Former Lufkin serial killer nurse case revisited 10 years later - KTRE.com | Lufkin and Nacogdoches, Texas

Former Lufkin serial killer nurse case revisited 10 years later

Photo: KTRE Photo: KTRE
Photo: KTRE Photo: KTRE
Photo: KTRE Photo: KTRE
LUFKIN, TX (KTRE) -

A former Lufkin dialysis nurse was convicted of killing patients by injecting bleach into their bloodstreams back in 2012. There is a similar tragedy unfolding in Tyler where Tyler Police Department has said a former nurse, William George Davis, is accused of tampering with multiple patients' arterial lines while working as a nurse at a Tyler hospital.

The Lufkin case followed four years of preparation for a month-long trial with extensive evidence presented to a jury at the Angelina County Courthouse.

Layne Thompson prosecuted the capital murder case of Kim Saenz. He's quick to note the case's complexity.

"The difficulty in cases like Kim Saenz is that you've got to prove causation. In other words, we alleged that she killed five people and a lot of the evidence on those deaths was circumstantial," Thompson said.

Thompson was brought the case in 2011 and helped prosecute with his background in medical law. He said in this case, every element had to be proven.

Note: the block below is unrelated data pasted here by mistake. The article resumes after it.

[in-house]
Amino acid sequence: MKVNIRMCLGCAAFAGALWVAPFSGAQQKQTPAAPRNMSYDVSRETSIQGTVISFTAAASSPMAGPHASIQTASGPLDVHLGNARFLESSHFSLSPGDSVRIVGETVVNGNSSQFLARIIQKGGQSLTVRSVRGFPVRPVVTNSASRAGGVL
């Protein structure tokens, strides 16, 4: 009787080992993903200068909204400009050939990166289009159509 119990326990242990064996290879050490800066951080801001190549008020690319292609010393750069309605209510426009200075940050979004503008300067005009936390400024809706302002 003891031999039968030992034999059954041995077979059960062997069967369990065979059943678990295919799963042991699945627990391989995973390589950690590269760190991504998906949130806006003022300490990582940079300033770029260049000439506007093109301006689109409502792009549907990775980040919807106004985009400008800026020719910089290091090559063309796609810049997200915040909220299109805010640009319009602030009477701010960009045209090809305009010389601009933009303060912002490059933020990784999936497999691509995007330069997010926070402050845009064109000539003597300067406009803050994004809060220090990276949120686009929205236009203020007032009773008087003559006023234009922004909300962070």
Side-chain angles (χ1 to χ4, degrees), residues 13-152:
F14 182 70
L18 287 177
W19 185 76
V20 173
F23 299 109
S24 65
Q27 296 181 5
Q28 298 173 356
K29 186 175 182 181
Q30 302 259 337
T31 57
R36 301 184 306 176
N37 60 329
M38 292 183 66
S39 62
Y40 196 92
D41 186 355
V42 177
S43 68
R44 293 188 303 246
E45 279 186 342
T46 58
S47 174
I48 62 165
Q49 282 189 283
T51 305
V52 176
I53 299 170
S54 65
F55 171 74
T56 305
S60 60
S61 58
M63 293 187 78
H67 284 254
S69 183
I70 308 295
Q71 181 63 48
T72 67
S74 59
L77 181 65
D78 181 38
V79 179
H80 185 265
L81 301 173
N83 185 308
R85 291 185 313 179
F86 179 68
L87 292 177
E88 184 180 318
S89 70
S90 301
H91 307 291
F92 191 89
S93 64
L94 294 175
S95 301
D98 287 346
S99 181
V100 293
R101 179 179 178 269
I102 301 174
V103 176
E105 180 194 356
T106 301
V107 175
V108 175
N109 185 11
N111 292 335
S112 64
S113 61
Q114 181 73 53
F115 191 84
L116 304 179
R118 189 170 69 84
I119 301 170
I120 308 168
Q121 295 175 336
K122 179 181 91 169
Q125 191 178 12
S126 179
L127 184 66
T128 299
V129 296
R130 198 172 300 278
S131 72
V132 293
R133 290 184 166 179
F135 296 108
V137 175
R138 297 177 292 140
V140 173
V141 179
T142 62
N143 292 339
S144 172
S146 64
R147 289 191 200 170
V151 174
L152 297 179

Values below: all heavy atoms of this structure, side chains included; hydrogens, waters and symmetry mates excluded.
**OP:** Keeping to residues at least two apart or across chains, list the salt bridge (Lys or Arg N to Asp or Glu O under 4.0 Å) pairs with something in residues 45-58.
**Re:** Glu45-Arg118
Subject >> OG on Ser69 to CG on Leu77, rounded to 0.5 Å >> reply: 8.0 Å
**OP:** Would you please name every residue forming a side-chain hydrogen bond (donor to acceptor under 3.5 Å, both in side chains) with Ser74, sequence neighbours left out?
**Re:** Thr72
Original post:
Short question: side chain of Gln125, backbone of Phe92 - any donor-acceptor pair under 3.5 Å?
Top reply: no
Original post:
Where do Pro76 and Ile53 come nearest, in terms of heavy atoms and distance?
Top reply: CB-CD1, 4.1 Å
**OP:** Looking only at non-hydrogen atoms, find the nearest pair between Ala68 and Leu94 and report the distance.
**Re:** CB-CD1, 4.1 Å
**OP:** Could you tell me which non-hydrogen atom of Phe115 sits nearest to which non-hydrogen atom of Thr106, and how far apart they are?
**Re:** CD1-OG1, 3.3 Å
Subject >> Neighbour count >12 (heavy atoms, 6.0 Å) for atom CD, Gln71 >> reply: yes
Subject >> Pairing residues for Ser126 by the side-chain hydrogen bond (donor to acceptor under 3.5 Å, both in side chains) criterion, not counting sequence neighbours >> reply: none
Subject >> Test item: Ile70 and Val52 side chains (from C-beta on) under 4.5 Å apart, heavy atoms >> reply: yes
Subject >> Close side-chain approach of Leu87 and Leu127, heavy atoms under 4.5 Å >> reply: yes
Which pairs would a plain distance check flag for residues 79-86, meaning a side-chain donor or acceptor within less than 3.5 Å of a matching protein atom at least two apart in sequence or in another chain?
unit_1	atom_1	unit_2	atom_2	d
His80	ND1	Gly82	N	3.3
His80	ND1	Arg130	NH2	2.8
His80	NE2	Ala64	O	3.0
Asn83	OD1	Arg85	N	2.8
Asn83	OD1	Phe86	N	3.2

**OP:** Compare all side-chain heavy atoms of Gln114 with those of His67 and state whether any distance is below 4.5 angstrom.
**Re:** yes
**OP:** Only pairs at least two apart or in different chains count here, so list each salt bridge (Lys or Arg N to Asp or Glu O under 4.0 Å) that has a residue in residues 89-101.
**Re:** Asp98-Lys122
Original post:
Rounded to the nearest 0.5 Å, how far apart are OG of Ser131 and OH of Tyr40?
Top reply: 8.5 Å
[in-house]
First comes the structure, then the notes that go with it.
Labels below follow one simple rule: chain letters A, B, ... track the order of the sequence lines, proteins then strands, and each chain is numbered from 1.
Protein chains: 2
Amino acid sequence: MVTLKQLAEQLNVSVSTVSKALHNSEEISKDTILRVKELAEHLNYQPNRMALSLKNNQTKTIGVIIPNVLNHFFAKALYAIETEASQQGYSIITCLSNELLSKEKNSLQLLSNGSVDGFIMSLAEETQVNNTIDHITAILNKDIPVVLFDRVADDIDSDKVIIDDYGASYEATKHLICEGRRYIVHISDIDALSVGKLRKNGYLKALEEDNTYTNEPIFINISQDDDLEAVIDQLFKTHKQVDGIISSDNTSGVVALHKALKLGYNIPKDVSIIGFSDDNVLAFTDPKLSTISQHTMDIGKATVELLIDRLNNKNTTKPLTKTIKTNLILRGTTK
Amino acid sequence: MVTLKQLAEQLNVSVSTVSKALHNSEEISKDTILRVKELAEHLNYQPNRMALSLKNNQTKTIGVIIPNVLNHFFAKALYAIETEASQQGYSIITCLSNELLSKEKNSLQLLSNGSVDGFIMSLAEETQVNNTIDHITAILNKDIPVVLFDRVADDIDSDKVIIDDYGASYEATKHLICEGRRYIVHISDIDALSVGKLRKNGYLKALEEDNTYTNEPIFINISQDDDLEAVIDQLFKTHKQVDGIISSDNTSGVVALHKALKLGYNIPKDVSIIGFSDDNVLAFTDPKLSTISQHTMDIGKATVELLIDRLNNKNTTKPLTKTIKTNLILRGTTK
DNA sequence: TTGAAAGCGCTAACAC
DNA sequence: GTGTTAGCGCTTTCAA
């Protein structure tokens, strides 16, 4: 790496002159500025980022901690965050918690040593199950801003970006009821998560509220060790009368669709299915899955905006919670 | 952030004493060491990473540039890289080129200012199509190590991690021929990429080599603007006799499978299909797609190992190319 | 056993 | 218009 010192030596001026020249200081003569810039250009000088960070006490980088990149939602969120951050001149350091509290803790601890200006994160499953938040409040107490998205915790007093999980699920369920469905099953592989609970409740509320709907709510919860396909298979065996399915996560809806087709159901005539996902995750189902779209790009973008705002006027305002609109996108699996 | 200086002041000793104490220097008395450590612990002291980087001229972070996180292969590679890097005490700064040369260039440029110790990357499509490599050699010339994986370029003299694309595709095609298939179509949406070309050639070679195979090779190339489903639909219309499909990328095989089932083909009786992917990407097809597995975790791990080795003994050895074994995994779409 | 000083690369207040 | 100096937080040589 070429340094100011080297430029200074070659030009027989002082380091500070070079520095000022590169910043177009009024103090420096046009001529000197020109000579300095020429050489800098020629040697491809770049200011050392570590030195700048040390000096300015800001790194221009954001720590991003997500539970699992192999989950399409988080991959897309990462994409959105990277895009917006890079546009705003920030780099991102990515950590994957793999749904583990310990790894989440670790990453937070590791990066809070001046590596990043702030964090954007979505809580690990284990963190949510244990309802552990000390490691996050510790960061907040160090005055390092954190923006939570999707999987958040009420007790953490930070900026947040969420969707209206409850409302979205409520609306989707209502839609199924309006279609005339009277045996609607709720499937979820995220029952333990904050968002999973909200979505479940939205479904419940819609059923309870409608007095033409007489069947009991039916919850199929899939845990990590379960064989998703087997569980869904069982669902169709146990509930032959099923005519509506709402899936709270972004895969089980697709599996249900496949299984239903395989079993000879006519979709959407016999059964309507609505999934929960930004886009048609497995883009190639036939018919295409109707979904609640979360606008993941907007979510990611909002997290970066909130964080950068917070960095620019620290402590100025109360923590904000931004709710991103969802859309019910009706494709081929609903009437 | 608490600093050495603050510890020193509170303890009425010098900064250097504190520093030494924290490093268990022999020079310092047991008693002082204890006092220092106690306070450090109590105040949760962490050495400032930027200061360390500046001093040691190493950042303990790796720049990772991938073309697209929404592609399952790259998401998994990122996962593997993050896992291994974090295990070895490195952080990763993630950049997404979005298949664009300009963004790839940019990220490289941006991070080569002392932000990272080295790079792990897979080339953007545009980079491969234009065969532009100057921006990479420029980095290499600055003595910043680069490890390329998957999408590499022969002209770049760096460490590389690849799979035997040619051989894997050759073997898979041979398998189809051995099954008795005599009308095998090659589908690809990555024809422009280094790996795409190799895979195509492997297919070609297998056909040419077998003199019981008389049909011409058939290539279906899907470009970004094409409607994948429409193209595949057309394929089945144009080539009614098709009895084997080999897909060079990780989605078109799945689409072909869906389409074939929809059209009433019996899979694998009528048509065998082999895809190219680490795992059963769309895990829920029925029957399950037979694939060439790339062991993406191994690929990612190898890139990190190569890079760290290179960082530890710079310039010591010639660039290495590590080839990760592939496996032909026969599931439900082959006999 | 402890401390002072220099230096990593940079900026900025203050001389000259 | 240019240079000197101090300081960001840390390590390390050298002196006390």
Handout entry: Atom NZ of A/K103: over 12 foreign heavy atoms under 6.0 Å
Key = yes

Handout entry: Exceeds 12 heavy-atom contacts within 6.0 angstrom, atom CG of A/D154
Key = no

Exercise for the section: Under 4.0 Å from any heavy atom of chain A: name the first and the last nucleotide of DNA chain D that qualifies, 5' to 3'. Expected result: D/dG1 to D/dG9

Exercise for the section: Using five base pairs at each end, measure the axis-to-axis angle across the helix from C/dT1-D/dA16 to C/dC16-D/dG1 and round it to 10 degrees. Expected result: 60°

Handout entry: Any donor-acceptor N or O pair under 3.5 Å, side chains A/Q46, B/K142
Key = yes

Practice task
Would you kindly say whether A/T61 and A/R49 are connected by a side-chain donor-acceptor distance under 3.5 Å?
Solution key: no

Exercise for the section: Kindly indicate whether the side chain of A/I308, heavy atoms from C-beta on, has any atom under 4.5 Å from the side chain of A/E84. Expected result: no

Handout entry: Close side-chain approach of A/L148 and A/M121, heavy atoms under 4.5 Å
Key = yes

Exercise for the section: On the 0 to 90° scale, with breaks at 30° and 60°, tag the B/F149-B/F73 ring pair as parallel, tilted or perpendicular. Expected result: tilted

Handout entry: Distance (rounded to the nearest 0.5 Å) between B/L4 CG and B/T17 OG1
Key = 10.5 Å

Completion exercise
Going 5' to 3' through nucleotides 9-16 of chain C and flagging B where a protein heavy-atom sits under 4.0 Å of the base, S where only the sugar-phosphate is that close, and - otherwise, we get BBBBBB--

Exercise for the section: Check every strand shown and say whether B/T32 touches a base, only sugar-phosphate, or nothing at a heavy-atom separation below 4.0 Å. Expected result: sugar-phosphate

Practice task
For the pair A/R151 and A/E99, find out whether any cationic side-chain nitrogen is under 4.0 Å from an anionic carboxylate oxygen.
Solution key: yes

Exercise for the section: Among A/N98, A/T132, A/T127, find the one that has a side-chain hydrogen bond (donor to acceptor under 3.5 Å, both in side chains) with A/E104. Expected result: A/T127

Author of the book Killer Nurse, John Foxjohn said the fear loomed for years with the possibility of someone duplicating the tragic crime.

"One of the big things that prosecutor and everybody involved in this case has always feared is that somebody would try to copy this," Foxjohn said.

Foxjohn said the Saenz case was unique and never done before. That's what made it so difficult to try and convict a medical professional.

The author said authorities have the ability to use resources from those experts in Lufkin in
a case such as the one unfolding in Tyler involving a nurse accused of purposely introducing air into patient's arterial lines.

"Fortunately for Tyler and them, they have somebody to fall back on. Somebody they can ask. But make no mistake, convicting him is going to be a really, really tough job," Foxjohn said.

Thompson believes, w
hile he doesn't know much about the Davis case, most likely prosecutors in Tyler will have to prove that the acts were intentional.

"With air in somebody's system, that may make it more challenging for prosecution to prove beyond reasonable doubt that it's not negligence but rather in fact intentional conduct in part of the defendant," Thompson said.

Saenz was sentenced to life in prison without parole. She was also handed three 20-year sentences on multiple counts of aggravated assault.

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